Importantly, the question put to the ECJ in Bestwater assumed that the other person's work was not thereby communicated to a new public. This places an important restriction on the ECJ's decision. One may assume that if the work is considered to be communicated to a new public, the rights holder's permission is then required for the hyperlink. There is a 'new public' if the target audience is different from the audience targeted by the original communication.
On April 7 2015 the Supreme Court referred a question relating to GS Media BV v Sanoma Media Netherlands BV to the ECJ. On September 30 2015, as part of an interim judgment in a case involving the BREIN Foundation, the Midden-Nederland District Court referred a number of questions to the ECJ.
GS Media – unlawfully placed content which is freely accessible
This reference (C-160/15) is seeking clarification on the issue of unlawfully placed content which is freely accessible online and which is communicated to the public without the copyright holder's consent. The question is whether such unlawfully placed publication, made available to the public by means of a hyperlink, constitutes communication to the public by the owner of the site on which the hyperlink is placed.
Since in this case the initial uploading on the site to which the hyperlink directed was unlawful, it would seem logical that such hyperlink would constitute copyright infringement in the absence of the copyright holder's consent. However, the ECJ has the final say here. Judgment is expected towards the end of 2016.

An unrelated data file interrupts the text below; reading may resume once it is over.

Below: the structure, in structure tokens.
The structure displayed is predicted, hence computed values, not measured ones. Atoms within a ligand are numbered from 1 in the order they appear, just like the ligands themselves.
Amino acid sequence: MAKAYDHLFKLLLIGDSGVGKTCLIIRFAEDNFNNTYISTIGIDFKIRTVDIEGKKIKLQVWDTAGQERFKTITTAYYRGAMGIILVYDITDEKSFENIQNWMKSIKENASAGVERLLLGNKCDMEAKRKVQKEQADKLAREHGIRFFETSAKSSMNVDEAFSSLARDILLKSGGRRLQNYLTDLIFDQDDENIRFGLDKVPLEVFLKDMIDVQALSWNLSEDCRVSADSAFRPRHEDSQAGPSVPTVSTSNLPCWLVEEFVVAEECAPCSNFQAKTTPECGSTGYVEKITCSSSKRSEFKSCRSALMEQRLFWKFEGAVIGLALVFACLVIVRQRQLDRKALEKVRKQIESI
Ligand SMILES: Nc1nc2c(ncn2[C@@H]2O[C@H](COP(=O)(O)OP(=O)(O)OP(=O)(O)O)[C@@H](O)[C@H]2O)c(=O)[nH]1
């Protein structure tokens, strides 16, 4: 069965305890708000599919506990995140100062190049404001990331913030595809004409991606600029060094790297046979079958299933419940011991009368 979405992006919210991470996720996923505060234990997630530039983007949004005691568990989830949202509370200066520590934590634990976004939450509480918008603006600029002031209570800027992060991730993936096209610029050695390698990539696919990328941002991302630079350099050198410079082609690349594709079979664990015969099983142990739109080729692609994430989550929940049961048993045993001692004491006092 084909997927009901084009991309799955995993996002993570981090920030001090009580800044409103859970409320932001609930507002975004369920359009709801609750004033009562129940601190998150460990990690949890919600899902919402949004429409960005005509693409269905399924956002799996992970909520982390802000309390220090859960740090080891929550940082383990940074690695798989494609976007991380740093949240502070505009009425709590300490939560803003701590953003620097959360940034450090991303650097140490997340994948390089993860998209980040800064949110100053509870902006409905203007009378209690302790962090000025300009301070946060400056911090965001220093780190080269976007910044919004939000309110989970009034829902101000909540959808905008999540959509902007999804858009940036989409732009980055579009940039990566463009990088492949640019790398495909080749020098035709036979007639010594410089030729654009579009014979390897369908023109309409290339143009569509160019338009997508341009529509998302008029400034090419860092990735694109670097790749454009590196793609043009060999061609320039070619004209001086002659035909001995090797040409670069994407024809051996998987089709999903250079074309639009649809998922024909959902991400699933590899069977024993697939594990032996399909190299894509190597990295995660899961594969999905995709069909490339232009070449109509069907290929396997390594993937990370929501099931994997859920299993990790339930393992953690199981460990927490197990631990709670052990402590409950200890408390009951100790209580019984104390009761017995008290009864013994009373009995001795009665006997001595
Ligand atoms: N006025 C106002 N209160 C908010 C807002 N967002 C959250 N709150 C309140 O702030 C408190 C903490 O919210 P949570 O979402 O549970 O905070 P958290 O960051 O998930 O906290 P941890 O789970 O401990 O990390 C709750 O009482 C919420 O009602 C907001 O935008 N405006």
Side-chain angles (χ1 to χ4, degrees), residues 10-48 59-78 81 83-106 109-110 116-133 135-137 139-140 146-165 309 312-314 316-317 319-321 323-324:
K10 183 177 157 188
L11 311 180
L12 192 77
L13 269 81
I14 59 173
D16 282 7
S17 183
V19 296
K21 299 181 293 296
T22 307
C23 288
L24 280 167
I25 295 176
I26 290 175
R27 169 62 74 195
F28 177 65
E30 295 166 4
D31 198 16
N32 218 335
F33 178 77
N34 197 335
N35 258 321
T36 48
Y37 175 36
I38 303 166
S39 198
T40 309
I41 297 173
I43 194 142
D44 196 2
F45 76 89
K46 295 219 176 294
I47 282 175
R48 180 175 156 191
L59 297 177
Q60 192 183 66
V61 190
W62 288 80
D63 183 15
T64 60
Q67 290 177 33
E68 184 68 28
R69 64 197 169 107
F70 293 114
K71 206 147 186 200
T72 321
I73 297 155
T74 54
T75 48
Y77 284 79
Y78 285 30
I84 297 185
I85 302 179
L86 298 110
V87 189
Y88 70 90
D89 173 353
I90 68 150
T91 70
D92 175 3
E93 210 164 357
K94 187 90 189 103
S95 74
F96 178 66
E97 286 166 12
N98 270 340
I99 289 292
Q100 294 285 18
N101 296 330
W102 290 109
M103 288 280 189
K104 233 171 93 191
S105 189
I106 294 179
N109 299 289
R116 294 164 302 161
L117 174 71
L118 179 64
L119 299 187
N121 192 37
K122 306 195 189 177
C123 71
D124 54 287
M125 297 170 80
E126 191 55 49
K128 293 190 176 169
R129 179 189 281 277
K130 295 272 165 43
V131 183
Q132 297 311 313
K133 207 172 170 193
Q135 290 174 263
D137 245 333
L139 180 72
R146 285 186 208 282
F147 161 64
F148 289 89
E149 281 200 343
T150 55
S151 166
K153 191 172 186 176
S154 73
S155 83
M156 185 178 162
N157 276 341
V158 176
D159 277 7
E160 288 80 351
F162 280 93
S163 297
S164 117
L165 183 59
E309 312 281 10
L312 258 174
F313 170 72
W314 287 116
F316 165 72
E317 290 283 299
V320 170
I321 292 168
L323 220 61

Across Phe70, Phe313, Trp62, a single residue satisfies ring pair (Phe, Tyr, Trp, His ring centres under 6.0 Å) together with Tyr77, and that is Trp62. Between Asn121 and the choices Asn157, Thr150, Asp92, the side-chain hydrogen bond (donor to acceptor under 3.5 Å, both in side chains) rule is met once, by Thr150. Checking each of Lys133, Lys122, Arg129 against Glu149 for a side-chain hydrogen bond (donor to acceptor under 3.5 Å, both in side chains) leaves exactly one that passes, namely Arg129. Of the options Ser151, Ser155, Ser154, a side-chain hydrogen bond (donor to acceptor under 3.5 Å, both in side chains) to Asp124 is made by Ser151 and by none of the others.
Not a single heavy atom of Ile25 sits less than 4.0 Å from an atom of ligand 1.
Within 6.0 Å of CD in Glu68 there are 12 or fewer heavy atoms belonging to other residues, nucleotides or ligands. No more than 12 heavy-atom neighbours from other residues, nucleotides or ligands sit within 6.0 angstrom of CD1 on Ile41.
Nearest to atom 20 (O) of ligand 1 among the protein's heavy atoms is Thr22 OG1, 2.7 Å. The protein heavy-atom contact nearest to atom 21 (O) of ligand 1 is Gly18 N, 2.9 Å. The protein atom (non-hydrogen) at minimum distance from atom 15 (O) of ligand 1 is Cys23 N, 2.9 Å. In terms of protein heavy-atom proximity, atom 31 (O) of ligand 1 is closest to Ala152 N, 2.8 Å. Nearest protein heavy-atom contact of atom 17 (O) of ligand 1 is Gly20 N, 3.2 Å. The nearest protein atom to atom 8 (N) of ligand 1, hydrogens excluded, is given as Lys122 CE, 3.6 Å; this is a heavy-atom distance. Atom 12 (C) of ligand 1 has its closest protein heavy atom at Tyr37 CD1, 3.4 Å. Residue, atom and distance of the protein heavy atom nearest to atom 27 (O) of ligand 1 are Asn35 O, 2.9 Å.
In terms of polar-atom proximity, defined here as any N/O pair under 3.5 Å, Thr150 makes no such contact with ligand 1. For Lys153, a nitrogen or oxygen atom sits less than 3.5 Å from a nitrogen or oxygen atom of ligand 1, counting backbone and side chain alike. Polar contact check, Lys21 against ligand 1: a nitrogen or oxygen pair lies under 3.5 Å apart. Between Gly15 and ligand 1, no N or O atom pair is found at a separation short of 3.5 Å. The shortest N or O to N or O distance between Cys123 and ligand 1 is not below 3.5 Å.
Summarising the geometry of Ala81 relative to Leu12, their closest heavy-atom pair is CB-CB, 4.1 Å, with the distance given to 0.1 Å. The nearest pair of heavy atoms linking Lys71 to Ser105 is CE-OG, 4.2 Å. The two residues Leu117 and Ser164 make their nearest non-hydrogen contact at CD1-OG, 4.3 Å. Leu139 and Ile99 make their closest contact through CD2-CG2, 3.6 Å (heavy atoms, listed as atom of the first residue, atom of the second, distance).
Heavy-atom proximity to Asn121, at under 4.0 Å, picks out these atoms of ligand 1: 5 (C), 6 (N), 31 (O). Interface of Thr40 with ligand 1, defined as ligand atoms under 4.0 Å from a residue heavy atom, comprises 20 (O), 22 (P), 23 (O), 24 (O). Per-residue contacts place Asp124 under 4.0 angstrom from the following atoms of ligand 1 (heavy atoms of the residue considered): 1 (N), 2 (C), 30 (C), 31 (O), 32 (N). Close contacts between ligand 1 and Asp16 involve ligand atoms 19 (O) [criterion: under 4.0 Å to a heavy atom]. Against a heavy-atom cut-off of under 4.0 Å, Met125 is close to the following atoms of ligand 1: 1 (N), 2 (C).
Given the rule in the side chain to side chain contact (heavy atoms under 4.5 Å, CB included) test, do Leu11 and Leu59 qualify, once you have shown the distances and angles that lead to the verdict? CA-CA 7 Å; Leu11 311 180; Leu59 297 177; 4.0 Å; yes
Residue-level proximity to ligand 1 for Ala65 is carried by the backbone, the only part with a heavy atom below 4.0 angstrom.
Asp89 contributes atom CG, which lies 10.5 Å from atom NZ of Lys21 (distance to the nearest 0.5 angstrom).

A key element of the final answer is the importance of whether the 'hyperlinker' is or ought to be aware of:
- the copyright holder's lack of consent for placement of the work on the third-party website; and
- the fact that the work has not previously been communicated, with the copyright holder's consent, to the public in some other way.
BREIN – unlawfully placed content which is freely accessible
In this case, the court asked the ECJ whether Article 3 of the EU Copyright Directive implies that there is a communication to the public if a party sells a product – such as a media player – on which it has installed hyperlinks to websites that direct to protected works without the rights holders' consent.
It further asked whether the answer would differ depending on:
- whether the copyright-protected works were previously disclosed to the public online at all or only behind a paywall with the rights holder's consent;
- whether the elements containing the hyperlinks to those websites can also be installed on the media player by users themselves; and
- whether the websites on which access is provided to protected works without the rights holders' consent can also be located and accessed by the public without the media player.
It is clear that hyperlinking to unlawfully placed content at a site which is not freely accessible constitutes a communication to the public, and that subsequent use of that work through linking requires the rights holder's consent.
Whereas Svensson and BestWater provide answers on hyperlinking to lawfully placed content (whether freely accessible online or not), they do not answer the questions raised in GS Media and BREIN concerning the circumstances under which hyperlinking to unlawfully placed content which is freely accessible online constitutes a communication to the public.